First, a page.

Either way, I’m signed up and really looking forward to the first one. It’ll be really interesting to see which route you take.
Steve: Thanks for catching that. I’ve edited the markup a bit so hopefully the form field is a bit larger when not viewing it through a browser.
Eric Scouten: Thanks for that feedback on Dreamhost’s mailing software. Okay, well at the very least I’ll be capturing email addresses via Dreamhost. It was the fastest way to get the form up and running. I may very well end up using one of the two services I mentioned to send the first email after all.
Shawn & Elliot: I may provide an online archive for the newsletters if it’s not too much trouble. I like the idea but I want the production of this newsletter to be as simple as I can, and I don’t want to turn it into a big production. Thanks for the input though.
I’m signed up and excited… but have to WHOLE HEARTEDLY AGREE with Ben in that I’ve used both DH’s capabilities and now religiously use CM’s system (as well as their Mailbuild for my clients) and it’s like comparing the Bad News Bears with the NY Yankee’s.
Either way, you should add a few additional fields to your subscribe form such as Name for future personalization – think ahead especially if you have the slightest inkiling you’ll go to a real email system later.
PS – Just read your reply to Shawn & Elliot and wanted to add in that CM offers a single line of JS to pull in an RSS type of feed for your site to list the campaigns that you’ve sent in the past – clients LOVE that and you will too!
PPS – You can use CM’s Mailbuild to make your life SOOOOOO easy by using templates and then using their online WYSIWYG editor to send, track, etc.
(can you tell I’m a gigantic MailBuild and Campaign Monitor Fan!?)
I didn’t realize Dreamhost offered mail list functionality. Anyway, I’ve signed up.
Not to hijack this thread, but since so many response have experience with either or both Campaign Monitor and MailChimp, I was wondering if either of them offer the ability to automatically send emails based on RSS feeds?
I’ve been looking for a solution that allows automatic mailing to subscribers; broadcasted mail to subscribers, and then of course general announcements/invitations. Basically, I have three groups of subscribers:
(1) those interested in a specific topic or issue (corresponds to a section of the website, so RSS is easy) and they want regular updates;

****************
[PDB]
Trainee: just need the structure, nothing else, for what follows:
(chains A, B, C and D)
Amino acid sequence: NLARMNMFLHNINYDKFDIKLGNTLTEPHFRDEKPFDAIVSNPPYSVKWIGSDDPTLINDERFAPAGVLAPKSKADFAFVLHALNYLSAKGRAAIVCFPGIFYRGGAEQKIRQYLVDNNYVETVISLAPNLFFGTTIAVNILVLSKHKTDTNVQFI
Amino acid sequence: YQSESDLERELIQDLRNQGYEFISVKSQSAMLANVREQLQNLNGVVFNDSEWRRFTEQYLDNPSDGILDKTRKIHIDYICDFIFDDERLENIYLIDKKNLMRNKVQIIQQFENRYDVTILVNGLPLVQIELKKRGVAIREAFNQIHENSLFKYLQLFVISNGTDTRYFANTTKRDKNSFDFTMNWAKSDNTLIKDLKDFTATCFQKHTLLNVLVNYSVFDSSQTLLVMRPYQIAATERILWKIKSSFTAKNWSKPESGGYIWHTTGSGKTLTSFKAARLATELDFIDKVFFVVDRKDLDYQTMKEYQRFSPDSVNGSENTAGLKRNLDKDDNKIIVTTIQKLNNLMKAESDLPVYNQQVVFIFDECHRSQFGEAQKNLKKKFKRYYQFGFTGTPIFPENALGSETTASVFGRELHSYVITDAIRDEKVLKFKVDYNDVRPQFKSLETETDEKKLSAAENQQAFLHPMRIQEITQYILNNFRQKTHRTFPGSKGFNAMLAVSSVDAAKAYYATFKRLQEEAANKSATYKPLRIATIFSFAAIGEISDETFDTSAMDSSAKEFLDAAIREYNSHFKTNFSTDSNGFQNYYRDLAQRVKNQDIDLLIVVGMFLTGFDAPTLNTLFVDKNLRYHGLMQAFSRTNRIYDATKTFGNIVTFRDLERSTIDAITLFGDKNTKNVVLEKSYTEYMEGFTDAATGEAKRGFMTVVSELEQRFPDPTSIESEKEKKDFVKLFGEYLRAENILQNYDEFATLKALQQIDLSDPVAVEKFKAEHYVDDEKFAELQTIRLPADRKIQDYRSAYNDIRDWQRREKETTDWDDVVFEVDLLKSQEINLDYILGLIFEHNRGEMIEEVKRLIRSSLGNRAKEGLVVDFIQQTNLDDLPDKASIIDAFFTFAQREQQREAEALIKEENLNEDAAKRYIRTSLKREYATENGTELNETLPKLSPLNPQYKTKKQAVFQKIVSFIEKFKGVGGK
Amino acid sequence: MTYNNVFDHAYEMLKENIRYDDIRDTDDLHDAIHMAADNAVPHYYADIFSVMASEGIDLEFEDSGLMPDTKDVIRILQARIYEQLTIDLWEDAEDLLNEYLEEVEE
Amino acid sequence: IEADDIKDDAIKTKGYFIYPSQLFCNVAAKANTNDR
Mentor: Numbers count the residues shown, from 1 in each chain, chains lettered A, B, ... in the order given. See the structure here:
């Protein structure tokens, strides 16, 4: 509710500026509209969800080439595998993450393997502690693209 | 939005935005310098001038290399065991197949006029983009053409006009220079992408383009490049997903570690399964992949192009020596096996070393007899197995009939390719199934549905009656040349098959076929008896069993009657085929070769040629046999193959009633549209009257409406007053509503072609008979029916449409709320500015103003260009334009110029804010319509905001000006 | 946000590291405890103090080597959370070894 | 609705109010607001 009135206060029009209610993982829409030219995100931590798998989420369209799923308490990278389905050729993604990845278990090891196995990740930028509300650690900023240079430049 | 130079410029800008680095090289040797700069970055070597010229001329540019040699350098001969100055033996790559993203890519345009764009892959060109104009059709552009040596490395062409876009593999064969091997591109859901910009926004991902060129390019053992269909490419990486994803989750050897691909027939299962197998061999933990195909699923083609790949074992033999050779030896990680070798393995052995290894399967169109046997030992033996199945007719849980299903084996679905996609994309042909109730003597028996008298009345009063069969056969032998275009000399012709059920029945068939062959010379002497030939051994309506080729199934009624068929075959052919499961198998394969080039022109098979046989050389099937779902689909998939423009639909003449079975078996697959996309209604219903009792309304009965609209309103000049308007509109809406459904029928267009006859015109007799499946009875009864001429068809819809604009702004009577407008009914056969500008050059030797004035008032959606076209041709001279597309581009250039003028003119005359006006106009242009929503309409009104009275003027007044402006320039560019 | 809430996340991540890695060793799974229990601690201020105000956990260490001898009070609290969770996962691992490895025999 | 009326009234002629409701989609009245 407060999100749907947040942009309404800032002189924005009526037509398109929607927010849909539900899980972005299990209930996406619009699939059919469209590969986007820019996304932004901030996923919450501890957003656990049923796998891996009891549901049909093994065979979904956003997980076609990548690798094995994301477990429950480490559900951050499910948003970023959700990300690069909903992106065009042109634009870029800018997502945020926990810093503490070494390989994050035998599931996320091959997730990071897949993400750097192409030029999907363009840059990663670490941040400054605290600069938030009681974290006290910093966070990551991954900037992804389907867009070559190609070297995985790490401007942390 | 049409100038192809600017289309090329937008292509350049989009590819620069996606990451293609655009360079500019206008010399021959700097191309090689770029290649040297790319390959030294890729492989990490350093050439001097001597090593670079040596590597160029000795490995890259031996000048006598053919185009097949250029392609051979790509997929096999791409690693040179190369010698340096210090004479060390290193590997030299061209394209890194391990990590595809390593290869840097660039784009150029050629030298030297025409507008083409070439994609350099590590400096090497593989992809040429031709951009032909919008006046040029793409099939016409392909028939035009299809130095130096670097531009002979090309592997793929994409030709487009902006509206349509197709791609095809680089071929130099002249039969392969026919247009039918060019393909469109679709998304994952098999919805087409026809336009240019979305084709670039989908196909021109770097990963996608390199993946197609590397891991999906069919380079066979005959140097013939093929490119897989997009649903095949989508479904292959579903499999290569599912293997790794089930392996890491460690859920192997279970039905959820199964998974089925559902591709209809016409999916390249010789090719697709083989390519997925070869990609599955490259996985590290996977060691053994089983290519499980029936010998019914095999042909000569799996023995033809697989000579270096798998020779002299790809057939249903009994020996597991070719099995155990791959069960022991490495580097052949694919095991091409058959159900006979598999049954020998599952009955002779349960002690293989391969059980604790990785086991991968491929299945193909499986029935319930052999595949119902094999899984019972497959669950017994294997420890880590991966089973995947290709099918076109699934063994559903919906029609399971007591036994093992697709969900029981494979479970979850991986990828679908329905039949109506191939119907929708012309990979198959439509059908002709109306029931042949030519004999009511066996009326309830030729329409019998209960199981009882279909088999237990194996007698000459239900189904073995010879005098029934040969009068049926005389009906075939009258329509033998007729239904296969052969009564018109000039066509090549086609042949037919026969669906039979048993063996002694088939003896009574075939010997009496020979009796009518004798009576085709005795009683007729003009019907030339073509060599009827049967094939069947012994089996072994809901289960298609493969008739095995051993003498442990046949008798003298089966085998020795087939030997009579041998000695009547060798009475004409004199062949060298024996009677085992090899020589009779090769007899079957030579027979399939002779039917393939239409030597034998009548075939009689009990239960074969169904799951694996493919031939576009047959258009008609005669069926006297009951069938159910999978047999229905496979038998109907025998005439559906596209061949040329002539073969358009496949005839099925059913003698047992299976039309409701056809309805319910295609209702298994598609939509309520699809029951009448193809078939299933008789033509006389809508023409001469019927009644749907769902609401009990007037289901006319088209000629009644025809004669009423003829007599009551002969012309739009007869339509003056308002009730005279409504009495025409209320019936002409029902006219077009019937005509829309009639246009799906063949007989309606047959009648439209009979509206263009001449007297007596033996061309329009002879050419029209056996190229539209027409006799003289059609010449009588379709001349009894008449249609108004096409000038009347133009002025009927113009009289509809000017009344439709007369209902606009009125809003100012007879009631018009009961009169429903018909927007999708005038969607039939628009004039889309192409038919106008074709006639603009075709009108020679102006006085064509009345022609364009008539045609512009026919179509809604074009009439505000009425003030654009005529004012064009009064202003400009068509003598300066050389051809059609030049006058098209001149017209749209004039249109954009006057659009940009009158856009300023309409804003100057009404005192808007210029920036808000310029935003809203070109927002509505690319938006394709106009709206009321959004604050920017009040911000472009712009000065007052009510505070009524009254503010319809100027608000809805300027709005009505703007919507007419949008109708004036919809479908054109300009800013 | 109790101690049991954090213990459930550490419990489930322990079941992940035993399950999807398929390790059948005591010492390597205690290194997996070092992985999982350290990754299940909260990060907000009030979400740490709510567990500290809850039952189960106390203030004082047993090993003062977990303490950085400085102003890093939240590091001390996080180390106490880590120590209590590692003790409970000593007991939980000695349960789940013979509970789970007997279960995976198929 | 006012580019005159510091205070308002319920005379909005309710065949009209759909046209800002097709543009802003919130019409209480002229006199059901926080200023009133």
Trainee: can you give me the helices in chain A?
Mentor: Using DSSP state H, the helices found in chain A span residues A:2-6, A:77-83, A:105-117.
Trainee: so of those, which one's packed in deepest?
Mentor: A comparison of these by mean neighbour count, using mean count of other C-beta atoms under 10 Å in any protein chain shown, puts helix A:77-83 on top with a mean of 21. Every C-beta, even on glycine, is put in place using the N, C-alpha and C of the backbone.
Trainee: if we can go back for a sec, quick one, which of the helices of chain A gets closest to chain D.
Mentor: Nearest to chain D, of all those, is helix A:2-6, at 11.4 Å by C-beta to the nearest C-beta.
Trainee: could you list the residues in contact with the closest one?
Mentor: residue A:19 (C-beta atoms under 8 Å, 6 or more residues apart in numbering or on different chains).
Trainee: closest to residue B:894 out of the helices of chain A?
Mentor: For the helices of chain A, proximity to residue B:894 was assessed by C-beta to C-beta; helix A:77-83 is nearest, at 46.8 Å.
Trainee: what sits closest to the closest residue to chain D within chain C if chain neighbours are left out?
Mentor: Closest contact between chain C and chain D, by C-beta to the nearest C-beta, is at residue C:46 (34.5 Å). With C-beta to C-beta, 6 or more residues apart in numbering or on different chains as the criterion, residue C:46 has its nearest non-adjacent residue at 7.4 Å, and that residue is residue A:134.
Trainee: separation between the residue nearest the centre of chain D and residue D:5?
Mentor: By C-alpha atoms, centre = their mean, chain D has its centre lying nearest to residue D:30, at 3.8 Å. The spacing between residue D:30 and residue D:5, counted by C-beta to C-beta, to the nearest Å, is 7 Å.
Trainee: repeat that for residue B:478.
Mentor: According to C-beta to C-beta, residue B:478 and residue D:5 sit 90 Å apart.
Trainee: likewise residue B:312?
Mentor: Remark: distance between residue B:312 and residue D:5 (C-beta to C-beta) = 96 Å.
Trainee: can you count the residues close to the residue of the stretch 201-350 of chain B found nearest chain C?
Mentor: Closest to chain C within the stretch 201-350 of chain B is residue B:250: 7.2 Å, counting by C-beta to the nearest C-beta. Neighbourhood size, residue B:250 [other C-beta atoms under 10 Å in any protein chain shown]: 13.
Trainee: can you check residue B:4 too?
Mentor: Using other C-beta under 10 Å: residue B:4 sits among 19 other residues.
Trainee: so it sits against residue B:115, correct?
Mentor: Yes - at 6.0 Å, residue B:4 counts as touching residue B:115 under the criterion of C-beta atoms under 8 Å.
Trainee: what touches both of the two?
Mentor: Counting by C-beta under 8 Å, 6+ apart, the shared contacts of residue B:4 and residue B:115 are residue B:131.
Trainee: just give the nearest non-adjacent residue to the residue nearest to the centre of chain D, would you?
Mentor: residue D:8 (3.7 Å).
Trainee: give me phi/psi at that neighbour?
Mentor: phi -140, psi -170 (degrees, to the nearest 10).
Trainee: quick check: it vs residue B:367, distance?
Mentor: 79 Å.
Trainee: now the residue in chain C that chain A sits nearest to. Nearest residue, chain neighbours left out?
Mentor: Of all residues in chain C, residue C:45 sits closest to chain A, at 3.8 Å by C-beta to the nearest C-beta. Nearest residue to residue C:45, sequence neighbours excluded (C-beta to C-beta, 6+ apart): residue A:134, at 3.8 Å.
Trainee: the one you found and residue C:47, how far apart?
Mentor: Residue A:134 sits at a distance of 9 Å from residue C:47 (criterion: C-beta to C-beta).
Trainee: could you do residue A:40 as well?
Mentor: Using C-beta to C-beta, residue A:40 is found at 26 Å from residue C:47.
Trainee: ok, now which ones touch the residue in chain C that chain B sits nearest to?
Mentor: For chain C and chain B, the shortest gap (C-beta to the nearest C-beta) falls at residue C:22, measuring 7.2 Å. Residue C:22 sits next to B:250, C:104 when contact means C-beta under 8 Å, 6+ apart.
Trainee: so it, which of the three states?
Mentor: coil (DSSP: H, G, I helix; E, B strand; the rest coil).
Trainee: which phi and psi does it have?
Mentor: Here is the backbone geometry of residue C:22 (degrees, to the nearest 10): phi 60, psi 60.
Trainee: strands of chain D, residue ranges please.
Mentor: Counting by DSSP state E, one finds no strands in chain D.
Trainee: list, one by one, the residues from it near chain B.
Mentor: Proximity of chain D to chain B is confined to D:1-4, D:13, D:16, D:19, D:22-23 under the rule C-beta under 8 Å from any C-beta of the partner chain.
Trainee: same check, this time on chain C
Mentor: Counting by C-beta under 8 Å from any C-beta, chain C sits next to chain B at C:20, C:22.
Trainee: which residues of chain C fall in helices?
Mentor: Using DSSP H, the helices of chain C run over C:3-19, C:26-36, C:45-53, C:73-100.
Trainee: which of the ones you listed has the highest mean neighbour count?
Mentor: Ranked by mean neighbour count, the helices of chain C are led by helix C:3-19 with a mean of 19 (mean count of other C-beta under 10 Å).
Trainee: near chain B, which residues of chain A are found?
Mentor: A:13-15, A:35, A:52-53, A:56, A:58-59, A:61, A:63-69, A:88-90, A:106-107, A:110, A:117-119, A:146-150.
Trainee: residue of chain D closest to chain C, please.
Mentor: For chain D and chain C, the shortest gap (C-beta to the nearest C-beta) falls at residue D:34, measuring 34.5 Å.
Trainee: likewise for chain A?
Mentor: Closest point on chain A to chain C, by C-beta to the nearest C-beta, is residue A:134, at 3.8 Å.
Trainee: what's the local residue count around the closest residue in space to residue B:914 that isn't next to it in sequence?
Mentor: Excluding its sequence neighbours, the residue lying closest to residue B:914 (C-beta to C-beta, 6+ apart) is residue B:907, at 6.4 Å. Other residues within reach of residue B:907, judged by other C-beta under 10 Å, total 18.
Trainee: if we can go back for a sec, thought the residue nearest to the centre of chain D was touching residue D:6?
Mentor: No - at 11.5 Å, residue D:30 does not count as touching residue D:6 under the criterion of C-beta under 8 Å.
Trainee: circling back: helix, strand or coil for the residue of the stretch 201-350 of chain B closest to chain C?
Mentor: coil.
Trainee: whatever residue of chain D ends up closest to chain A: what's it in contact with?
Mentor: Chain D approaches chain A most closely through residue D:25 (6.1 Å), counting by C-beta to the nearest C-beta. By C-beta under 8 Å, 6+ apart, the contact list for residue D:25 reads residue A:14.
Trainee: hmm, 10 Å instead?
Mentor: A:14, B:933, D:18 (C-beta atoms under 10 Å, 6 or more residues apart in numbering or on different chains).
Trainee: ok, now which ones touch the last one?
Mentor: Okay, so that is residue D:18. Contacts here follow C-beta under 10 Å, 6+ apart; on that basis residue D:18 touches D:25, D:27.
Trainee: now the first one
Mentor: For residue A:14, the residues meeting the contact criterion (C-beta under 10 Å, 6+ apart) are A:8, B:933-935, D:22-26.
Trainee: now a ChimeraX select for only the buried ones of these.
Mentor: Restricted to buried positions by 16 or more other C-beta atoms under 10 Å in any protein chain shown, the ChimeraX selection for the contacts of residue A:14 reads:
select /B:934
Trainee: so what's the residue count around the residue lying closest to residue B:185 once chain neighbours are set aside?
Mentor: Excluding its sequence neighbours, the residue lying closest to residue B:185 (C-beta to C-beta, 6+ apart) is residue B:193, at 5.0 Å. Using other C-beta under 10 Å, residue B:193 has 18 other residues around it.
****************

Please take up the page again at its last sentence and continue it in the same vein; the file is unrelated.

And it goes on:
(2) those who want mailings, but consider regular once or twice a month (these would be manual summaries); and
(3) those who’ve provided their email, but haven’t indicated a preference (they would receive occasional invitations to opt-in to one of the other groups
My first look at Campaign Monitor seemed like it would be great for level 2 subscribers, but offered no benefit for level 1 subscribers. So I’ve been looking at Zookoda and MailChimp. But I’m not certain what MailChimp offers or if my tests overlooked something at Campaign Monitor that would work for level 1 subscribers (high frequency subscribers- at least 1 message per day).
I tried Zookoda. I wanted them to work out because the price — free — was right. But I couldn’t get approved as a mail sender; apparently they think I’m just going to send spam.
“Results 1 – 10 of about 118 from subtraction.com for terrific”
I vote for an HTML newsletter. I do a lot of HTML emails at work and would really be interested to see how you meet the challenges and use the medium. Pretty please?
Will the content of the newsletter also be on this blog?
If I can manage it, I’ll try to make it available online, but in all likelihood, it won’t be available on this blog. That’s why you should subscribe!
Do not use Campaign Monitor if you need to send more than 400 emails at a time. They limit the mount of emails per blast. Trying to get them to up the limit for you you have jump through hoops and prove to them you are not a spamming.
Thanks for checking us out Khoi and thanks to everyone else for the kind words about Campaign Monitor.
@Monika, our human approval process is super important because it ensures we can always guarantee high delivery rates for our customers. Sorry about the hoop jumping, but it usually takes no more than answering a single question and you’re done. Once you’re approved you won’t be bothered again.
Hi Khoi- Yeah, I heard that for a couple months the approval process was pretty time consuming, but mine just took 24 hours, and I set-up 2 accounts—a test one under mine name, and a secondary one under the clients name, just in case I select Zookoda.
I just noticed this, that your site doesn’t offer an option to subscribe to a post, or receive email on follow-up comments. I think I only noticed, because I wanted to keep track of the conversation, and was expecting an email notice of additional comments. Does MT not offer that feature? I’ve gotten pretty use to it, but I think I might visit a lot of sites using Expression Engine (or those that don’t have comments at all).
Khoi, Your site is so very elegant I’ve signed up for the newsletter. But you better not disappoint me. 🙂 Now can I interest you in a couple of tricks that are getting me Highly-Ranked on Google Search and building strong backlinks? You’ll find the first lot here and if you leave me a comment I’ll tell you the rest in an email (don’t want the whole world to know). Я bientЗt, Malkie, Paris.
Looking forward to it!
This is great! I am excited about the newletter. Your postings are thought provoking. I especially liked the blog on “Cloths Makes the Design Director”…I look forward to seeing more.
Thank you! Your remarks have been sent to Khoi.